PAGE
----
Up to 40 per cent of vehicle crashes could be prevented if all cars were fitted with autonomous emergency braking (AEB), saving lives, injuries and reducing insurance premiums. This is why RACV is calling on all vehicle manufacturers to fit autonomous emergency braking technology as standard equipment in all new vehicles.
With heavy congestion a common occurrence in Melbourne, and distraction an increasing issue in road safety, it is all too easy for drivers to collide with the car in front of them. Just two seconds of distraction at 50 km/h can add over 27 metres in distanced travelled.
A 2014 RACV report revealed that, depending on type of system fitted, 20-40 per cent of crashes, including fatal crashes may be prevented with AEB. Even if crashes are not completely prevented, the reductions in speed may be sufficient to prevent death and serious injury.
RACV’s Manager of Vehicle Engineering, Michael Case, said AEB uses radar, laser or camera sensors to detect potential crashes and apply the brakes to prevent, or reduce the severity of, a crash.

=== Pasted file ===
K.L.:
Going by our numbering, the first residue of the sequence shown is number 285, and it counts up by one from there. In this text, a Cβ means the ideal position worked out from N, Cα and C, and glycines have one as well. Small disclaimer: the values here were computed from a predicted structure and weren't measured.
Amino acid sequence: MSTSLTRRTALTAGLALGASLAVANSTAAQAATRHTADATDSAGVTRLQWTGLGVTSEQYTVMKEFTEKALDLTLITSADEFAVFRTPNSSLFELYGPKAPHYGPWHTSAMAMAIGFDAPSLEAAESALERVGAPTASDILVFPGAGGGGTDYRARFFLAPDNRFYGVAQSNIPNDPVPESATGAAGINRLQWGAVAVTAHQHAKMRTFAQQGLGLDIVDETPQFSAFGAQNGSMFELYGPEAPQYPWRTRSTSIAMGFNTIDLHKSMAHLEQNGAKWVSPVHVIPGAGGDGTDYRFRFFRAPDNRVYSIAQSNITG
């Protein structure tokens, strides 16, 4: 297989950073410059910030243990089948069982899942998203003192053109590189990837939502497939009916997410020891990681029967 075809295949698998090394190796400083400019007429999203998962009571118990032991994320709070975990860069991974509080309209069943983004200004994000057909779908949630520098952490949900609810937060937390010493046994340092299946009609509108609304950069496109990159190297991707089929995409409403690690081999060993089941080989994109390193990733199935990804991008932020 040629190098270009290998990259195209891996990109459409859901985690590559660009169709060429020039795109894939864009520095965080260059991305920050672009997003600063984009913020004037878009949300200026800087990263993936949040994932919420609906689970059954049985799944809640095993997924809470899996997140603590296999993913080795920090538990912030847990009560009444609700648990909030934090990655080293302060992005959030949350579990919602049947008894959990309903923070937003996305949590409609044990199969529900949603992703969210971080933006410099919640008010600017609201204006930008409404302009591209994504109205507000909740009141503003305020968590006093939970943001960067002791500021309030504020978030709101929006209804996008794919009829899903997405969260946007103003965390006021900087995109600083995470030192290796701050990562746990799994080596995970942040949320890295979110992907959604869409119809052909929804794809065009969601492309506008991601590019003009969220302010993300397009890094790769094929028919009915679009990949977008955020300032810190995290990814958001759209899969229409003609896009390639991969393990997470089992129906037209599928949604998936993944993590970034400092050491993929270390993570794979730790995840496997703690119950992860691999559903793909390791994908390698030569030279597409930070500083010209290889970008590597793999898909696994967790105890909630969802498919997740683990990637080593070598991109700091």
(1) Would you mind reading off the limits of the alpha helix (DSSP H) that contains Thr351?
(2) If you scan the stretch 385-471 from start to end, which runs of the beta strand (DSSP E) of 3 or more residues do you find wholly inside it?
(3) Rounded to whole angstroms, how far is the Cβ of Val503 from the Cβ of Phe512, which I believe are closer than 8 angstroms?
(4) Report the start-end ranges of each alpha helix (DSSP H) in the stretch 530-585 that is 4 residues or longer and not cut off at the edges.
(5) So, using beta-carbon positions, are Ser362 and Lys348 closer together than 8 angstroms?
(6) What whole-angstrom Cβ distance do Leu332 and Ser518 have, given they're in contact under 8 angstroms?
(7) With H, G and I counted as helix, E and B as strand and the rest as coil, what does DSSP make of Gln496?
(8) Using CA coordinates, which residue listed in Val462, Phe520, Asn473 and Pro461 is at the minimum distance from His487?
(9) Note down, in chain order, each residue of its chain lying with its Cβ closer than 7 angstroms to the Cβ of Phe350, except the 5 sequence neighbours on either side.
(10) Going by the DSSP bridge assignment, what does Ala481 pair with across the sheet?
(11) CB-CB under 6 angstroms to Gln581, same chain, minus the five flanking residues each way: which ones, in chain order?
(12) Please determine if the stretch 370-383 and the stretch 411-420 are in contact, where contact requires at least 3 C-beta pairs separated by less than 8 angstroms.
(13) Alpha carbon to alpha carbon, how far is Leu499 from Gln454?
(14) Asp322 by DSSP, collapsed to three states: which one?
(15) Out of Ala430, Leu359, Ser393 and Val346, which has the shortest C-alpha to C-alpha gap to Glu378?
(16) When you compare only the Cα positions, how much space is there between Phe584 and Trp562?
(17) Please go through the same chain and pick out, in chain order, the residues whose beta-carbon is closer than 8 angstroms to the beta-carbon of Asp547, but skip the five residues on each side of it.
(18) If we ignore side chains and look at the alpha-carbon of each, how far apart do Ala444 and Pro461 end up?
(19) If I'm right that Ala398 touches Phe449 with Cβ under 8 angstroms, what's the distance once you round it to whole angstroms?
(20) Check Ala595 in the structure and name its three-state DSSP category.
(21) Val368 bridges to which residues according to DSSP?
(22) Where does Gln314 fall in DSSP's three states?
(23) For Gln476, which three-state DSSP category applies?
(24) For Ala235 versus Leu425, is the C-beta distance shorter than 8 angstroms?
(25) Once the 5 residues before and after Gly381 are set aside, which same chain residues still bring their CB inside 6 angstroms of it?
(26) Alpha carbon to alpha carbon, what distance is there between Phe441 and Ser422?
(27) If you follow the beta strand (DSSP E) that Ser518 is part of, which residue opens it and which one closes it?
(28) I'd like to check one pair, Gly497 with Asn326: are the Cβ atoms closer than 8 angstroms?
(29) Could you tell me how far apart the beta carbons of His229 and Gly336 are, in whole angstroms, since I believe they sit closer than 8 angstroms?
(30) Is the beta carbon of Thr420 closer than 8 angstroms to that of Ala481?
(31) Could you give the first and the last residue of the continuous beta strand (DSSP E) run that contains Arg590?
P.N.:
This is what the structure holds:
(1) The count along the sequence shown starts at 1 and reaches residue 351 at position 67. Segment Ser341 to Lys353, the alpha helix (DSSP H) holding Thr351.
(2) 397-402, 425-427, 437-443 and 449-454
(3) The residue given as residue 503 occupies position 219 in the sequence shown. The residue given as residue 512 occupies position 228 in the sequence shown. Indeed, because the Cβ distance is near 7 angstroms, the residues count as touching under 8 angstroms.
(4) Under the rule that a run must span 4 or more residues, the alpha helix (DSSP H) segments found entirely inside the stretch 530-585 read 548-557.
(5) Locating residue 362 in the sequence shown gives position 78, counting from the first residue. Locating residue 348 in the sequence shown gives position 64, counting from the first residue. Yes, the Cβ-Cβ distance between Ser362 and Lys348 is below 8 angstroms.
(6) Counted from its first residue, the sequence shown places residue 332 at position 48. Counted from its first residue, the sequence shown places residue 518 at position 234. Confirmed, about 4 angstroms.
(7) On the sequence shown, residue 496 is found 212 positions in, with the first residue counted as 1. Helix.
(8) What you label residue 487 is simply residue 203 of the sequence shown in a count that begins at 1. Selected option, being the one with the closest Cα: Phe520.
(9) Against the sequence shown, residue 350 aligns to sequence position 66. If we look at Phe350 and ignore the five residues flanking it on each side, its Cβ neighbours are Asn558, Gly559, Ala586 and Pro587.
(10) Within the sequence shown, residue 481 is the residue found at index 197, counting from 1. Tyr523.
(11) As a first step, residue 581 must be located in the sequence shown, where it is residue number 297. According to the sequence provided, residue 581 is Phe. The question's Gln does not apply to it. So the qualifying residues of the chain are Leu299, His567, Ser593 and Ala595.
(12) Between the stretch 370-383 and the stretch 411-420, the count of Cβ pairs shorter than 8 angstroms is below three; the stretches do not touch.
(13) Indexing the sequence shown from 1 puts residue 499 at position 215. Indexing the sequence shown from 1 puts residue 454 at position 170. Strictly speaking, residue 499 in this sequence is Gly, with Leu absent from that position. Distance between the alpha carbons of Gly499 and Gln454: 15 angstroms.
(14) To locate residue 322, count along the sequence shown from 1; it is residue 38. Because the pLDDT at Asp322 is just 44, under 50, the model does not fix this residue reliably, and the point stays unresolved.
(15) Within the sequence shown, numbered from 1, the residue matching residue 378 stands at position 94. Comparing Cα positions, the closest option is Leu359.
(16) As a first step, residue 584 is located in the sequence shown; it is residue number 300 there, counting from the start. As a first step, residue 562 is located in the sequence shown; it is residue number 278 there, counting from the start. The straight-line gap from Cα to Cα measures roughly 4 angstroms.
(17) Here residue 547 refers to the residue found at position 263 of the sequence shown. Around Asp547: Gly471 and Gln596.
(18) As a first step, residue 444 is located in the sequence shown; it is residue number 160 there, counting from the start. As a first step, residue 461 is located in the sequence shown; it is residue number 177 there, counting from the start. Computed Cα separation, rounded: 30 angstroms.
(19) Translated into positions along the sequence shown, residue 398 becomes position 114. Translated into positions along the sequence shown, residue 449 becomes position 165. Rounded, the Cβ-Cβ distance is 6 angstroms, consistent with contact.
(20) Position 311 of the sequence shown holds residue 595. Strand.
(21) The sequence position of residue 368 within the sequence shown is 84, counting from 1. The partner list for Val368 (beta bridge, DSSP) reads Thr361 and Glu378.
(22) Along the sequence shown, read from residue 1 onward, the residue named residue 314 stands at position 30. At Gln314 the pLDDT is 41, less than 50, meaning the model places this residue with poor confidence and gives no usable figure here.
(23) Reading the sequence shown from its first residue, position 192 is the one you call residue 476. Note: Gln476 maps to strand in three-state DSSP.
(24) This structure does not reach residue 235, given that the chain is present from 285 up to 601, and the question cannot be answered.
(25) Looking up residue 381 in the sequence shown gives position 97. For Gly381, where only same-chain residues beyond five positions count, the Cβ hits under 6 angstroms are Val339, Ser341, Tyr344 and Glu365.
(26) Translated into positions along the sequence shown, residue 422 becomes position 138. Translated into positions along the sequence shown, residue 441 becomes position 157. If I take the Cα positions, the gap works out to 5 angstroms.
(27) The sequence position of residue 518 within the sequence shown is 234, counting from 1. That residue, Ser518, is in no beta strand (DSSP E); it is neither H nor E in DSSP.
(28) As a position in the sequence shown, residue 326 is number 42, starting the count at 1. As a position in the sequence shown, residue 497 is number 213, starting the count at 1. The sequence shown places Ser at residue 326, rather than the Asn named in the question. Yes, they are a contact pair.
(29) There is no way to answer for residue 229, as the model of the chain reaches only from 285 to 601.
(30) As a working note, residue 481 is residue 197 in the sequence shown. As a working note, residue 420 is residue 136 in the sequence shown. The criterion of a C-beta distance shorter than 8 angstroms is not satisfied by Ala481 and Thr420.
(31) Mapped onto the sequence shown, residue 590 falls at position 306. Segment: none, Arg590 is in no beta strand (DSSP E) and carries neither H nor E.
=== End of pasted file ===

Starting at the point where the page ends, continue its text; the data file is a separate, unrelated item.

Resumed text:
“We urge vehicle manufacturers to include the technology as standard on all models as AEB is very effective in situations where there is poor visibility, a driver is distracted or has limited time to react to things like sudden braking of a car in front, or a child running onto the road after a ball” said Mr Case.
“While there was a variation in performance, all of the systems provide a worthwhile safety benefit,” he said.
“AEB can make all the difference in stopping a fright turning into a blight.”
As well as providing a safety benefit, many insurers, including RACV, offer discounts for vehicles with autonomous emergency braking.
Vehicles with AEB as standard across the model range
- Mazda passenger vehicles, including Mazda2, Mazda3, Mazda6, CX-3, CX-5, CX-9, (but absent on the MX-5 sports car and BT-50 utility)
- Kia Optima sedan - standard on range
- Subaru Liberty – standard on range
- Volkswagen Tiguan – standard on range